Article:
There was a significant difference in passage rates between first-time test-takers and repeat test-takers. Among first-timers, 76% passed the bar exam in 2020. Among repeaters, only 33% passed. Also, nearly twice as many took the exam for the first time compared to those repeating the test in 2020 (39,968 versus 20,816).
Passage rates varied widely based on where test-takers learned the law. The passage rate for all test-takers from ABA-accredited schools – both first-timers and repeaters – was 66% in 2020. Just 24% of students who attended non-accredited law schools passed the bar.
There was also a significant difference in passage rates among the 50 states. In 2020, Kansas had the highest passage rate among first-time test-takers at 89%. Rhode Island and Louisiana had the lowest passage rates at 60%.
State size did not relate to bar passage rates. New York, with more than 6,300 first-time bar exam takers, the most in the country, had a passage rate of 80% — slightly higher than the national 76% rate. But California, second in the nation with nearly 6,200 first-time test-takers, had one of the lowest passage rates at 67%.
Bar Passage Rates - Race, Ethnicity and Gender
White test-takers were more likely to pass the bar exam in 2020 than test-takers of other races and ethnicities, according to statistics released by the ABA Section of Legal Education and Admissions to the Bar.
Among white men and women taking the bar exam for the first time, 88% passed. By comparison, 66% of Black first-time test-takers passed, 76% of Hispanics, 78% of Hawaiians, 78% of Native Americans and 80% of Asians. Among all test-takers of color, the passage rate was 75%.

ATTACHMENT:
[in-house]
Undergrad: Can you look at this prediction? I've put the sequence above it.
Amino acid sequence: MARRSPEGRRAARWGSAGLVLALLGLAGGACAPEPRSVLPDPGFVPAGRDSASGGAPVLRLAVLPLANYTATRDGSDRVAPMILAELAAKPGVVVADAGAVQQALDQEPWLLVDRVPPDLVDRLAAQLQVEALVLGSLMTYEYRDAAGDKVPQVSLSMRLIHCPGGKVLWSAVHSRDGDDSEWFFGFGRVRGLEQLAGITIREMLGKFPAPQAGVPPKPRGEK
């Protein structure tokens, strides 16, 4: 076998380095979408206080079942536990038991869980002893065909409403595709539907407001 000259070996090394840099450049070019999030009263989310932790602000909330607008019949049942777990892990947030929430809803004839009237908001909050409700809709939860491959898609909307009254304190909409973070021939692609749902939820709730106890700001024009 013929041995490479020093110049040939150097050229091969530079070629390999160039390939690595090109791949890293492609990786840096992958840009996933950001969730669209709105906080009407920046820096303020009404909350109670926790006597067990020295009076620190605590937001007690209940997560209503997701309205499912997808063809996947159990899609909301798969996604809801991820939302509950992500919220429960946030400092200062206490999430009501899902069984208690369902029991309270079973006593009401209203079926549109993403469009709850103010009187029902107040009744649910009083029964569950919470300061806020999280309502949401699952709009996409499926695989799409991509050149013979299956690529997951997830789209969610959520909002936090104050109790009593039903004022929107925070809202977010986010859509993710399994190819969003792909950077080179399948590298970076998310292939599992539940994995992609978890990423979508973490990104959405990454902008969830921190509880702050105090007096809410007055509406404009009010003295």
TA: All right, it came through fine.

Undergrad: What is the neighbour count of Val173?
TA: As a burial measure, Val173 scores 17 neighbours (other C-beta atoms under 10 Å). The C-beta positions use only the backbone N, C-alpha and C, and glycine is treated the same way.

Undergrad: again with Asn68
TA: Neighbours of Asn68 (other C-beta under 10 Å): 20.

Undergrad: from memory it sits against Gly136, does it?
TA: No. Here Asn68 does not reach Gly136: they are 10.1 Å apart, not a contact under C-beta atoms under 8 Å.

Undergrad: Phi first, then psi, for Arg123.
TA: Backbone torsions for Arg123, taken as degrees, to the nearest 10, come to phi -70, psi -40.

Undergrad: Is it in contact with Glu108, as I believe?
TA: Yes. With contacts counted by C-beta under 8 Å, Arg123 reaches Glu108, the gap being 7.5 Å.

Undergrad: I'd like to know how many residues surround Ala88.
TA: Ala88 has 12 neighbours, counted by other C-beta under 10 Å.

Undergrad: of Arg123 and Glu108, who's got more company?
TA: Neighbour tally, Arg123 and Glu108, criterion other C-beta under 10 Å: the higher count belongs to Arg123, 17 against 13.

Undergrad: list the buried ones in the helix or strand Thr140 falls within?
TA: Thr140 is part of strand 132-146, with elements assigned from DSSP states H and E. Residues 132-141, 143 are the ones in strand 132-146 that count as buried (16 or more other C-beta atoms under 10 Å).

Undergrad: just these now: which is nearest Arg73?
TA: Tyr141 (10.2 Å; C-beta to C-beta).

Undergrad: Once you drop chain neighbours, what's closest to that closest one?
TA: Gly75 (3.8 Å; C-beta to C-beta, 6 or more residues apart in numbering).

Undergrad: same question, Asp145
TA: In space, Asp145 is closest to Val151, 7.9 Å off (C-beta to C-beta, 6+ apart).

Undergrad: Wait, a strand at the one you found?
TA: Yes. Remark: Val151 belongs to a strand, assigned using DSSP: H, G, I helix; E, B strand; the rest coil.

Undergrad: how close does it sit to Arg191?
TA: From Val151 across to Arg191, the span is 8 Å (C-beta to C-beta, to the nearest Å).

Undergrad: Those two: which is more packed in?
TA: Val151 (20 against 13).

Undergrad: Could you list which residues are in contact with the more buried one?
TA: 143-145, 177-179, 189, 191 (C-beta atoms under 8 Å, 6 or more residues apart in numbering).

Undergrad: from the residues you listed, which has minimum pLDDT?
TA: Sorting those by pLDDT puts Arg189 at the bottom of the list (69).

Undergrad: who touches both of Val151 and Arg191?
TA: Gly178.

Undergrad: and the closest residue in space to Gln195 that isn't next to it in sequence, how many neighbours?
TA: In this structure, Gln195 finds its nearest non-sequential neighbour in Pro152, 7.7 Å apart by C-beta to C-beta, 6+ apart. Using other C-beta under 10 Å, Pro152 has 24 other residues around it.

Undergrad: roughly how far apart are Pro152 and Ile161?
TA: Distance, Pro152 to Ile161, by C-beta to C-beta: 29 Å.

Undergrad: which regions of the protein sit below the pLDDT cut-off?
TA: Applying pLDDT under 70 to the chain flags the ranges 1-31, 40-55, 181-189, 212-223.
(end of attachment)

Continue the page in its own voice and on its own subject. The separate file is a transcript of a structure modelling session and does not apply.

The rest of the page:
The gap narrows somewhat over time, including people taking the exam more than once. For example, for the Class of 2018, 93% of white test-takers ultimately passed the exam two years after graduation, as did 71% of Hawaiians, 79% of Blacks, 84% of Hispanics, 86% of Native Americans and 88% of Asians.
There was little difference in bar passage rates between men and women: 84% of men passed the exam on the first try in 2020, as did 83% of women.
This was the first time the ABA released bar exam results by race, ethnicity and gender.
The data was requested by many lawyers during debate in 2019, when the ABA changed bar exam standards. Under the new standard, ABA-approved law schools must have 75% of their graduates who take the bar exam pass within two years of graduation or face the potential of being found out of compliance.
Law School Debt
Many new lawyers postpone major life decisions like marriage, having children and buying houses, or reject them outright, because they carry huge student loan debts. Those debts make many young lawyers anxious, depressed and regretful.
Those are the conclusion of a 2021 survey by the ABA Young Lawyers Division and AccessLex. Expanding on a 2020 survey on the same subject, the new survey of more than 1,300 new lawyers – most in their 20s and 30s – showed that student loan debt forces the newest generation of lawyers to make major financial, personal and career sacrifices. The report will be released in August 2021 at ambar.org/debt.
Nearly all law school graduates are affected. More than 90% of the lawyers surveyed took out law school loans. Their average total education debt upon graduation – money owed from law school, undergraduate school and other education expenses – was $120,000.